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Discussion Starter #1 (Edited)
Ian Kuah drives the U.S. Elise at Hethel and adds some
information about the new car in the March 2004 issue of Sports
Car International.

<http://www.amazon.com/exec/obidos/tg/detail/-/B00009MQ7U/102-2673417-4480141?v=glance>

Significantly it appears he was able to ask some of the Lotus
engineers about the weight budget for the revised car. It seems
that the Toyota 2ZZ-GE engine adds 64 pounds over the Rover K.
Toyota's 6-speed C64 transmission, lifted straight from their
Celica adds 13 pounds over the Rover's. Air
conditioning adds 22 pounds and twin oil coolers adds 29 pounds.
No doubt quite a bit of the weights for the added cooling and air
conditioning come from their plumbing. A few additional
modifications result is a 154 pound increase over "the weight of
a Euro-spec 111S." Here's a summary:

1. 2ZZ-GE Engine: 64 pounds
2. C64 Transmission: 13 pounds
3. Air Conditioning: 22 pounds
4. Twin Oil coolers: 29 pounds
5. Other modifications: 26 pounds

Front to rear weight distribution remains largely unchanged since
added coolers up front balance out the drivetrain increases in
back.

Fuel tank is 10.5 (U.S.) Gallons and fuel economy is 36 (U.S.)
Miles per Gallon. European LEV1 emissions certifications were
"easily breezed through" and LEV2 certification is underway.

Kuah notes that the Toyota engine and transmission are both
more effective in the significantly lighter Elise than the
Celica from which it came. Due to the much lower mass, the
torque is more useful and tractable. He did not mention that
part of Lotus' ECU re-tuning was to increase torque. Gearbox
feel is "slick," and:
"the stubby lever can be moved swiftly and surely
across the gate, totally in keeping with the light,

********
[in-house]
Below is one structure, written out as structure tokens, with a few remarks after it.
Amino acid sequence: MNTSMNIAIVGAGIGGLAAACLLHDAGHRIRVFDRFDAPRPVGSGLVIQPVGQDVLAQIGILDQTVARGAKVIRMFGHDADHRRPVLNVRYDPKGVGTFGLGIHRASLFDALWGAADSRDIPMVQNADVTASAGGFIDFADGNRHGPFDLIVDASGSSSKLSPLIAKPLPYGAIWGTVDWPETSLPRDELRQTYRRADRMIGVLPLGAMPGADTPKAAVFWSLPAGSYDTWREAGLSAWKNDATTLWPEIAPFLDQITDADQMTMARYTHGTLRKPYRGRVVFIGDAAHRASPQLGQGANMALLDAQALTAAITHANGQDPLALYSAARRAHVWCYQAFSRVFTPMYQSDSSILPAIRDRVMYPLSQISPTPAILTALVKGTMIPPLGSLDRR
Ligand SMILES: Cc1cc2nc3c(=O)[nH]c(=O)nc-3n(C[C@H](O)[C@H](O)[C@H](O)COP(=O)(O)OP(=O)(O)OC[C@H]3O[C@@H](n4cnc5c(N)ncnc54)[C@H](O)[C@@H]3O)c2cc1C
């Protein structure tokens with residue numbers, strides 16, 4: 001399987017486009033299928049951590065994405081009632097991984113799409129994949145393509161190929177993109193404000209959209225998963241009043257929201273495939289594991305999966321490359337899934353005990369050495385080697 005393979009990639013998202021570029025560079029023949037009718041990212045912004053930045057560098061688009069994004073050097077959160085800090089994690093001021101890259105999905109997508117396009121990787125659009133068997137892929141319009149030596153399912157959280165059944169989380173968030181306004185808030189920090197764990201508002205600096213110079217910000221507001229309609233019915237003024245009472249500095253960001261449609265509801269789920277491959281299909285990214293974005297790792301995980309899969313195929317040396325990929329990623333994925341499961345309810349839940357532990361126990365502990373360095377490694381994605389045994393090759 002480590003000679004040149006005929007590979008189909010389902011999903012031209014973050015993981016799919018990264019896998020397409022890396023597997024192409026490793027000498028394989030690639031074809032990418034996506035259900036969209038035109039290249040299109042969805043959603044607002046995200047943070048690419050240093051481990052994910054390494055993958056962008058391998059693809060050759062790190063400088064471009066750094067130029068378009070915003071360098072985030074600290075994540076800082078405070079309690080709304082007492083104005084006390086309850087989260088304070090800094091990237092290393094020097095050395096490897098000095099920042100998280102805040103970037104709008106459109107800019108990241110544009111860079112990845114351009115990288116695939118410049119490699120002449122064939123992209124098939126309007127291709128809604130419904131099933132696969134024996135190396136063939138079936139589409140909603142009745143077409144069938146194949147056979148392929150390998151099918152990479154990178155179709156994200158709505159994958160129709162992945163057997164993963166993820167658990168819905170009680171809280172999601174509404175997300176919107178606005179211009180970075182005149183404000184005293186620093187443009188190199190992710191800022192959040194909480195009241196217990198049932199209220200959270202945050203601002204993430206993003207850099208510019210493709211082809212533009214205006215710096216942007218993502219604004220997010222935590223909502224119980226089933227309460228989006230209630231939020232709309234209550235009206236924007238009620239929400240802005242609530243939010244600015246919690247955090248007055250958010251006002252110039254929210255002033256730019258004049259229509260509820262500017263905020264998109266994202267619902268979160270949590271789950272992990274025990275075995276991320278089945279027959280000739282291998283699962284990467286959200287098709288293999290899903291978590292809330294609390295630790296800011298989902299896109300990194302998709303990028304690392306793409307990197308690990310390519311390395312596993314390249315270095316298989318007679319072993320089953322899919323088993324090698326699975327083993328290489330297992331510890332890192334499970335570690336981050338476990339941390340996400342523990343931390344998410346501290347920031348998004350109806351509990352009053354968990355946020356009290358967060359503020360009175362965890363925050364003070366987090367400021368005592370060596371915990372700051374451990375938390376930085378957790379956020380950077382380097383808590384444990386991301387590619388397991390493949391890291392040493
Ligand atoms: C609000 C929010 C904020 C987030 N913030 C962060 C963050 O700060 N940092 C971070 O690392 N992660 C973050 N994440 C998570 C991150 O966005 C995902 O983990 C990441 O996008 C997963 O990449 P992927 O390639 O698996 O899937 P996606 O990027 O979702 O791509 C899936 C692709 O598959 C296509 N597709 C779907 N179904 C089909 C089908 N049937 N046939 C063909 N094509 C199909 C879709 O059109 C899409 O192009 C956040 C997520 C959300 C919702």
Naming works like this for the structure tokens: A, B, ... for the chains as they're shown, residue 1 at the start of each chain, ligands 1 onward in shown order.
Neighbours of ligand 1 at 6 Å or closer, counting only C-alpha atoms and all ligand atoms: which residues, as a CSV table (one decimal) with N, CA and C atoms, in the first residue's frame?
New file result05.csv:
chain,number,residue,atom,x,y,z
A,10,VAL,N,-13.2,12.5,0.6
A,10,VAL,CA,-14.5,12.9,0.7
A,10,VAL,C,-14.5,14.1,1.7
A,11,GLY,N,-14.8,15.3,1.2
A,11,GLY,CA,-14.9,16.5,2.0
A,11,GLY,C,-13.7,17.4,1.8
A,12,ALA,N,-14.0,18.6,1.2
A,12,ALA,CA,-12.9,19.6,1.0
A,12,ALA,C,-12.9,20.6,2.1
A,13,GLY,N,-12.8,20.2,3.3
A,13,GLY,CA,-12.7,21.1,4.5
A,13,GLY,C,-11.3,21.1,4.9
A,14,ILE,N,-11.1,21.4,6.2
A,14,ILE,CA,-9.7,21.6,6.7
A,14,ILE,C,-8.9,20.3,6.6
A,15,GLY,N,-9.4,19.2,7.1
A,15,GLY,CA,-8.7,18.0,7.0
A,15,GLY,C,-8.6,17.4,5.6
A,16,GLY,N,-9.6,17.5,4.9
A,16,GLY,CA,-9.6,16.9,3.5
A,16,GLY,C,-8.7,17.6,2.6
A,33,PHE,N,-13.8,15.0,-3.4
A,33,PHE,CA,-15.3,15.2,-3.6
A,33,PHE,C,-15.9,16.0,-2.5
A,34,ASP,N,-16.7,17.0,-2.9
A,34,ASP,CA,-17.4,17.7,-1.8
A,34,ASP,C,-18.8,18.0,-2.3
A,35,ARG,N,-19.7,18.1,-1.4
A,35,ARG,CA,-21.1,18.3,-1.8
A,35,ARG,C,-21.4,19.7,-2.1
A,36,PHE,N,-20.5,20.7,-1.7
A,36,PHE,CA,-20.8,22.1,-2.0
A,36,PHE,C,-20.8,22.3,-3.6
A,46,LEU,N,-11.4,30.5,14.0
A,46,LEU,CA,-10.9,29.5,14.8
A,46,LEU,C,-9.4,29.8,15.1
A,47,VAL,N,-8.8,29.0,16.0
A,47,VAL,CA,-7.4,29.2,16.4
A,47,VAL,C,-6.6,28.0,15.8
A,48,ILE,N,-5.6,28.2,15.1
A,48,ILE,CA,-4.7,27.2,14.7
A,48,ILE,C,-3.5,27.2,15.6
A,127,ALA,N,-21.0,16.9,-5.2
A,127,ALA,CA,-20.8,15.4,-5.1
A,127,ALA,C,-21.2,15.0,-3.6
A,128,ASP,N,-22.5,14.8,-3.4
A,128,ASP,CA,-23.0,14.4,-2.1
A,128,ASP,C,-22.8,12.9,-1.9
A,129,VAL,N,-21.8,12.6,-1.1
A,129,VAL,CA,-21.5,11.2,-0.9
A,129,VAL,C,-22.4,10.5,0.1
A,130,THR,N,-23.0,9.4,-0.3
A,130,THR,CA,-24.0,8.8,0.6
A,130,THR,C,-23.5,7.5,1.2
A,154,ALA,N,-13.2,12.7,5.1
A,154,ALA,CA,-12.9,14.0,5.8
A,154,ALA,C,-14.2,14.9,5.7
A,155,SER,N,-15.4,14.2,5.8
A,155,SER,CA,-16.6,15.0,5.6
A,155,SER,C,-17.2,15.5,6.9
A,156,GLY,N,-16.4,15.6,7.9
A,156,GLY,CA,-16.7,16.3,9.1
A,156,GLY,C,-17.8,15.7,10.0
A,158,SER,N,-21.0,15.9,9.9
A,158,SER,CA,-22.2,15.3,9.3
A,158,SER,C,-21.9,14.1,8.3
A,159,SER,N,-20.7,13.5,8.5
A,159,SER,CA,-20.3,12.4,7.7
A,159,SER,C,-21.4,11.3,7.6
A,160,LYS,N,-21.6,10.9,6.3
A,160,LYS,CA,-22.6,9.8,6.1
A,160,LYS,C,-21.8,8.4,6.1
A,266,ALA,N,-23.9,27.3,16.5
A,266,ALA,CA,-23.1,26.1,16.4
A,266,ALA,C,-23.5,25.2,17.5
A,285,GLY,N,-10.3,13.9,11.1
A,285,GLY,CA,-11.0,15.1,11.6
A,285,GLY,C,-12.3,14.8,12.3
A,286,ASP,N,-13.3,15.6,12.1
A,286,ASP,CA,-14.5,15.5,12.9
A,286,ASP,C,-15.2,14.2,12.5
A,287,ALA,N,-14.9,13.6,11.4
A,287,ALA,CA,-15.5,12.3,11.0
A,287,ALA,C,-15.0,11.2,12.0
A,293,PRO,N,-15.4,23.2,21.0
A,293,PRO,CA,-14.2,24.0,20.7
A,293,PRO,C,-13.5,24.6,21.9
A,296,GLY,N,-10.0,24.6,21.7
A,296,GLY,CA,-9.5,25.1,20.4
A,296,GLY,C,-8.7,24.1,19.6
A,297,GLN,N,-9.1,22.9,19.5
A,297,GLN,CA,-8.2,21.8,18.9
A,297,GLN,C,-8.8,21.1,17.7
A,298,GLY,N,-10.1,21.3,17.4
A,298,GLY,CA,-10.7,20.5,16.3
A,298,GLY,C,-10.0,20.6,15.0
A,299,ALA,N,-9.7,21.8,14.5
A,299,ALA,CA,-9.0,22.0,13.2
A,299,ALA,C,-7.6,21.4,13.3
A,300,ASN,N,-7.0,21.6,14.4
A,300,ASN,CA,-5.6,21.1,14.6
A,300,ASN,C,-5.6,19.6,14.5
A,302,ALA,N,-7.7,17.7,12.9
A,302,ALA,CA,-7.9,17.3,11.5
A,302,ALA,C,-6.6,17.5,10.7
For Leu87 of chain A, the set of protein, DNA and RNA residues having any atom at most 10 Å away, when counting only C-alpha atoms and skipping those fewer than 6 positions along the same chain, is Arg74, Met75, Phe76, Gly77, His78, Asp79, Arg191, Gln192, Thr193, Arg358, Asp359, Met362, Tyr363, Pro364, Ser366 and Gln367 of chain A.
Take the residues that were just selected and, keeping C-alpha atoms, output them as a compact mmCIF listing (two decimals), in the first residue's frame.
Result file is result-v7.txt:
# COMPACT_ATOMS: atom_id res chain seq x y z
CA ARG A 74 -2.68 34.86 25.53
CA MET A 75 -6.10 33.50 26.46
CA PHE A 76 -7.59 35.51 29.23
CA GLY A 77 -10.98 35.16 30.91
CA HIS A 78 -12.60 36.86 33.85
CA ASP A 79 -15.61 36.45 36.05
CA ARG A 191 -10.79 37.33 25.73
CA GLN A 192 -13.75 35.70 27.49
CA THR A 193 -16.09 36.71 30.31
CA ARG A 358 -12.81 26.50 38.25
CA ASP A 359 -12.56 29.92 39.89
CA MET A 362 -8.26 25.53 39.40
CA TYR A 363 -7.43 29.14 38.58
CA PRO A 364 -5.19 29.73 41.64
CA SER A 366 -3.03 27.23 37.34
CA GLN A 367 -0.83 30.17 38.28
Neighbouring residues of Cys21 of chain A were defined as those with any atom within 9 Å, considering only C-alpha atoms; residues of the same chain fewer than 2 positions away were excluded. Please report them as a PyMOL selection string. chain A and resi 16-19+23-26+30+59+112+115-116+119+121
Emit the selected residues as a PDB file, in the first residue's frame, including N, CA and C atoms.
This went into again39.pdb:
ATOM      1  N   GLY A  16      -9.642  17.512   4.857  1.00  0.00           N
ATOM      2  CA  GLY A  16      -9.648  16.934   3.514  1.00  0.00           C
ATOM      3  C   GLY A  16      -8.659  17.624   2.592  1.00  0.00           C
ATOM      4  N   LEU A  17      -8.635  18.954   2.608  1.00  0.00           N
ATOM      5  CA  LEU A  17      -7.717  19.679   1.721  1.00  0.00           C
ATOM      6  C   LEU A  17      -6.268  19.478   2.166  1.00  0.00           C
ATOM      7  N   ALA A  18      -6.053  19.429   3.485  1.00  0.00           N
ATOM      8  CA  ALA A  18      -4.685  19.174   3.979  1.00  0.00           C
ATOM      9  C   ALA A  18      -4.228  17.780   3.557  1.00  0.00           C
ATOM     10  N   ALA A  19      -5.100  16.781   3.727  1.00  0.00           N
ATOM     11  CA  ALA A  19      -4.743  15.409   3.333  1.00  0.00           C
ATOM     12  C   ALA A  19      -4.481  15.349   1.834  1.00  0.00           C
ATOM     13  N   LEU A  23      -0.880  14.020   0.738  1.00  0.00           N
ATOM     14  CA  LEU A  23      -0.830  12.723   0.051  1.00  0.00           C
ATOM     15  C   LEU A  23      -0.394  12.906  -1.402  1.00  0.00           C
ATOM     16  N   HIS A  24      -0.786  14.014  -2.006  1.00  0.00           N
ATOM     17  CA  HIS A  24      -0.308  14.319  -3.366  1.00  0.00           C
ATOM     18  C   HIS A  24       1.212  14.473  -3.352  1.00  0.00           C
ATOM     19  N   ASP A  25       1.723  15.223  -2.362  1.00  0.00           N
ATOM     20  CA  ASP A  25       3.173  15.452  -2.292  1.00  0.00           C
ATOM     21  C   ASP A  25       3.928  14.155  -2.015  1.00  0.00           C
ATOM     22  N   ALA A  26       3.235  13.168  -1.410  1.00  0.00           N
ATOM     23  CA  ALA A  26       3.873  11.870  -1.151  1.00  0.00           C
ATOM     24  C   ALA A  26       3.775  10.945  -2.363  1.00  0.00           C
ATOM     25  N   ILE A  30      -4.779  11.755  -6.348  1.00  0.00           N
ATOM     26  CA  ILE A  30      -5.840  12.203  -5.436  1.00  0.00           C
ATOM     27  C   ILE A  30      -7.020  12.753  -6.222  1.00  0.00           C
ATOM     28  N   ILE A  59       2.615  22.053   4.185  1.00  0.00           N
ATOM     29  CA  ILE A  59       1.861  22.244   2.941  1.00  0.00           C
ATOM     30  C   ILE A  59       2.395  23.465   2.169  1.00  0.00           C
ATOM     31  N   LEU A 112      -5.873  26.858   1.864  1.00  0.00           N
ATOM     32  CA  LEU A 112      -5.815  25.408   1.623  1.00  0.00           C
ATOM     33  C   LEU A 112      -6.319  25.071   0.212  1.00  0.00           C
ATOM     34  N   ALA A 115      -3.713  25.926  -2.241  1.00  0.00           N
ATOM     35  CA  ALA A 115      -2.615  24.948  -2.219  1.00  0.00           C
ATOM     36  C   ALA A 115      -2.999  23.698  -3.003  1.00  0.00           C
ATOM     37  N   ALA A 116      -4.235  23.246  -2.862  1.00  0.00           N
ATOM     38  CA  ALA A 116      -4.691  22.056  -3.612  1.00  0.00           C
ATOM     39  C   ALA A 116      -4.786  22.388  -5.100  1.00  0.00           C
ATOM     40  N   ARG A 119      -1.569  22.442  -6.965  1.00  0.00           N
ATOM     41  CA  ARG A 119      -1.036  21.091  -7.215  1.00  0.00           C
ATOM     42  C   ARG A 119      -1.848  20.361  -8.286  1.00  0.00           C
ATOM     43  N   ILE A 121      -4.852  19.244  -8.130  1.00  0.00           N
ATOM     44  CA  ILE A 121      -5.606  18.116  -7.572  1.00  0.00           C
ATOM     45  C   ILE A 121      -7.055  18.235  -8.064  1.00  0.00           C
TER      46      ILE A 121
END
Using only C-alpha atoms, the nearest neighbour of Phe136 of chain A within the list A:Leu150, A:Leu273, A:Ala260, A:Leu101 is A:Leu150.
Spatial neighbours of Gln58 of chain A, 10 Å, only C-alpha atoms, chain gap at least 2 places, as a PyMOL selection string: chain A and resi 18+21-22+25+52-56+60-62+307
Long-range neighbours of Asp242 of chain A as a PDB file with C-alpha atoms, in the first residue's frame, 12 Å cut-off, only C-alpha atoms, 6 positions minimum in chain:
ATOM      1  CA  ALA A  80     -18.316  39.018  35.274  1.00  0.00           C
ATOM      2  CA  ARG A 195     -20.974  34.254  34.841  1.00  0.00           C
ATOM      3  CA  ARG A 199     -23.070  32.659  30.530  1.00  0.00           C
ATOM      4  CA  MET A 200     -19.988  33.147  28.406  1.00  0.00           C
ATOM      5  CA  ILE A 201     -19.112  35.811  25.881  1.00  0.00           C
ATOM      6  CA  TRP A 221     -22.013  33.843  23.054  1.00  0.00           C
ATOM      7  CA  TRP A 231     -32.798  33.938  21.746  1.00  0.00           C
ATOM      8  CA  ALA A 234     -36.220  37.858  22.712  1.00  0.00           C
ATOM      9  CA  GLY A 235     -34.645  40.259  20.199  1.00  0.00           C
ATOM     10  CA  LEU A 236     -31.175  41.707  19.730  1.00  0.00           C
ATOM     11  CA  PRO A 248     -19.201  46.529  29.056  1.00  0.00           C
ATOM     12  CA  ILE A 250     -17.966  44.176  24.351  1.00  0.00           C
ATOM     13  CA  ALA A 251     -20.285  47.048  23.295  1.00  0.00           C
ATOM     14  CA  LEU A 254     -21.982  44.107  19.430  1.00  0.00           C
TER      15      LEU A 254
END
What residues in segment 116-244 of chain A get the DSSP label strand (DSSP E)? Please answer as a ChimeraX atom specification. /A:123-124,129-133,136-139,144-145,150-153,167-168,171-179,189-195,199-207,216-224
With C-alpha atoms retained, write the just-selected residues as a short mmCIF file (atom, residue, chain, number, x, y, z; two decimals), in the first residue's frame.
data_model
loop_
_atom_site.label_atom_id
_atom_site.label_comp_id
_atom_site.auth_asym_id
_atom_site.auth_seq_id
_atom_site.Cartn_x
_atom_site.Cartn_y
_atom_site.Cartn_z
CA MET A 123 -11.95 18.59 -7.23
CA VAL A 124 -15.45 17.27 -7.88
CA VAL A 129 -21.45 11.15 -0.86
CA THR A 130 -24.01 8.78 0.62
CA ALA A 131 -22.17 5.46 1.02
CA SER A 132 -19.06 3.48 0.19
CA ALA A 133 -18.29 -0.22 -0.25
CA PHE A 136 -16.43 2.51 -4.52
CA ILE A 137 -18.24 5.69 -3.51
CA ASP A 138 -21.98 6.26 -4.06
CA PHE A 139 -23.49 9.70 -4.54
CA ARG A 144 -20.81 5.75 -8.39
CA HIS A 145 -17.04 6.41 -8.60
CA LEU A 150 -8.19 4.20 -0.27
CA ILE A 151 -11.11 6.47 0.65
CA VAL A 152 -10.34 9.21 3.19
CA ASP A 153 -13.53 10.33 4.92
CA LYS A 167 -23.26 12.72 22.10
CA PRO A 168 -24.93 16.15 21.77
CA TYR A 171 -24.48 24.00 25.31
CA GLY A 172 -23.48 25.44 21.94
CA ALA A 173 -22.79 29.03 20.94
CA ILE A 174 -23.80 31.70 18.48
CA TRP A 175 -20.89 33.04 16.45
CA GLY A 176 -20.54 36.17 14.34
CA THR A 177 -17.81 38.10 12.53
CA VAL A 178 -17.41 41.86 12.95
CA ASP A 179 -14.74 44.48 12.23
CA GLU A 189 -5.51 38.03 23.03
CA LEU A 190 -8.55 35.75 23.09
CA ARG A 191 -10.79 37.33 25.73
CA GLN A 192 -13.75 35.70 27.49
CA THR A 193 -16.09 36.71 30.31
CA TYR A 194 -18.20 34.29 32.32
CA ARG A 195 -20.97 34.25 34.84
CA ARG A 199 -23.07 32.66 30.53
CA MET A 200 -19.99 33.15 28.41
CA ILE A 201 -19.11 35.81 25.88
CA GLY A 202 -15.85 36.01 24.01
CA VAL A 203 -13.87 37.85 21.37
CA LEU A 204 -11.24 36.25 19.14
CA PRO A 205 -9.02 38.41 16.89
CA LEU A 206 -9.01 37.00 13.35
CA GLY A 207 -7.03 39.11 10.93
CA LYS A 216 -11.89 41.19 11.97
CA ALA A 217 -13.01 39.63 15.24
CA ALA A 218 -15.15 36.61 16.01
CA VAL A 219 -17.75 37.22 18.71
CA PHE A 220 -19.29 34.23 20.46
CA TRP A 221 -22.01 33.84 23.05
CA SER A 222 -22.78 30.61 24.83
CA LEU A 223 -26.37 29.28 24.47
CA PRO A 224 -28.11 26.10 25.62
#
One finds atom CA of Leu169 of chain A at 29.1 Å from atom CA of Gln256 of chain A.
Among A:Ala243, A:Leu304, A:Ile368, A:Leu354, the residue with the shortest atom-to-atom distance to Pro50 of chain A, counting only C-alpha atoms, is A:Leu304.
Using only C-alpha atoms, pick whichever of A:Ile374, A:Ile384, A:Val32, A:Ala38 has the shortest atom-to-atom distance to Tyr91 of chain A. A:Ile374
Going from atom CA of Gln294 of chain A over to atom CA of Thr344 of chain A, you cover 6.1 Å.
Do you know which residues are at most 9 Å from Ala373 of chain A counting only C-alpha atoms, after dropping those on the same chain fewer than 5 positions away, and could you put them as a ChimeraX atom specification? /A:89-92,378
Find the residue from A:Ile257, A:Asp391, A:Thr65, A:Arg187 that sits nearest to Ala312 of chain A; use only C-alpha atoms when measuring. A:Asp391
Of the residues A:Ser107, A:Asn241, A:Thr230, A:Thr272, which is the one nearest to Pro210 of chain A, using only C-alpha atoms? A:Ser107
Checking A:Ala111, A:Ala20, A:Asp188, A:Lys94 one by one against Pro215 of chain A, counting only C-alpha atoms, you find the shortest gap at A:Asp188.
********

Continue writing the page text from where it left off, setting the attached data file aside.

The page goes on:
fluid and tactile Elise experience that we have come
to know and love -- the Toyota 6-speed is a good fit"
Andrew Barron also noted in Lotus ReMarque, the U.S. club
newsletter, that the engine and gearbox work better in the Elise
than the Celica, and I believe he rightly attributed some of that
to the much lower overall weight of Elise.

Kuah notes very good passenger cell protection from the chassis
and impact-absorbing sections up front. He mentions that Lotus
is now cleared to reveal that they designed the crash structure
for the Aston Martin Vanquish. The only safety changes for the
U.S. Elise are the addition of small airbags, which in turn
prompted a redesign of the dashboard, which is now precision
injection-molded.


Instrument pack is new, and includes tire pressure warning lights
and a "race style engine rpm upshift" light.
"A new center console carries the controls for the
lightweight air-conditioning system that came onstream
last year when the Euro Elise 111S was launched. A/C
comes standard on the U.S. car, as do power windows."
The chassis was recalibrated for U.S. driving conditions, notably
big bumps and huge potholes. A new rear subframe has a forward
attachment point at the bulkhead, behind the fuel tank. Spring
and damper rates are up slightly in to better control the
slightly increased mass, and new dampers have 10 mm more travel.

In order to handle noise from expansion joints and other road
irregularity impacts on the suspension, Lotus ride and handling
development engineer Simon Newton told Kuah that more complaint
lower, forward A-arm bushings were specified in order to:
"cope with 'wheel recession,' which is how Lotus
describes the phenomenon of the wheel and suspension
being pushed backwards when they encounter a short,
sharp obstacle like and expansion joint."
(Sounds quite a bit like the rationale for the "raft" subframe under the front
of the M100 Elan.) (Expansion joints are lateral gaps between
longitudinal concrete sections of highway which the rest of the
world may not have as prominently as do some U.S. roads.)

In addition the brackets that contain these slightly softened
bushings "are wider and other minor changes have been made to
optimize the chassis for U.S. road conditions." It's not clear
whether European versions of the Toyota-engined Elise will get
similar suspension modifications. (Mike Caucer or anyone who
else gets a look at the European versions may want to compare
bushing brackets...)

Tires are the same Elise-specific Yokohama 175/55ZR16 and
225/45ZR17 sizes used in the European 111S.

New power-boosted ABS brakes are fitted which underwent
extensive, careful development by Lotus. Lotus used the brakes
on the Porsche 911 as their benchmark in developing the new Elise
ABS brakes. Simon Newton described the new braking system to
Kuah thusly: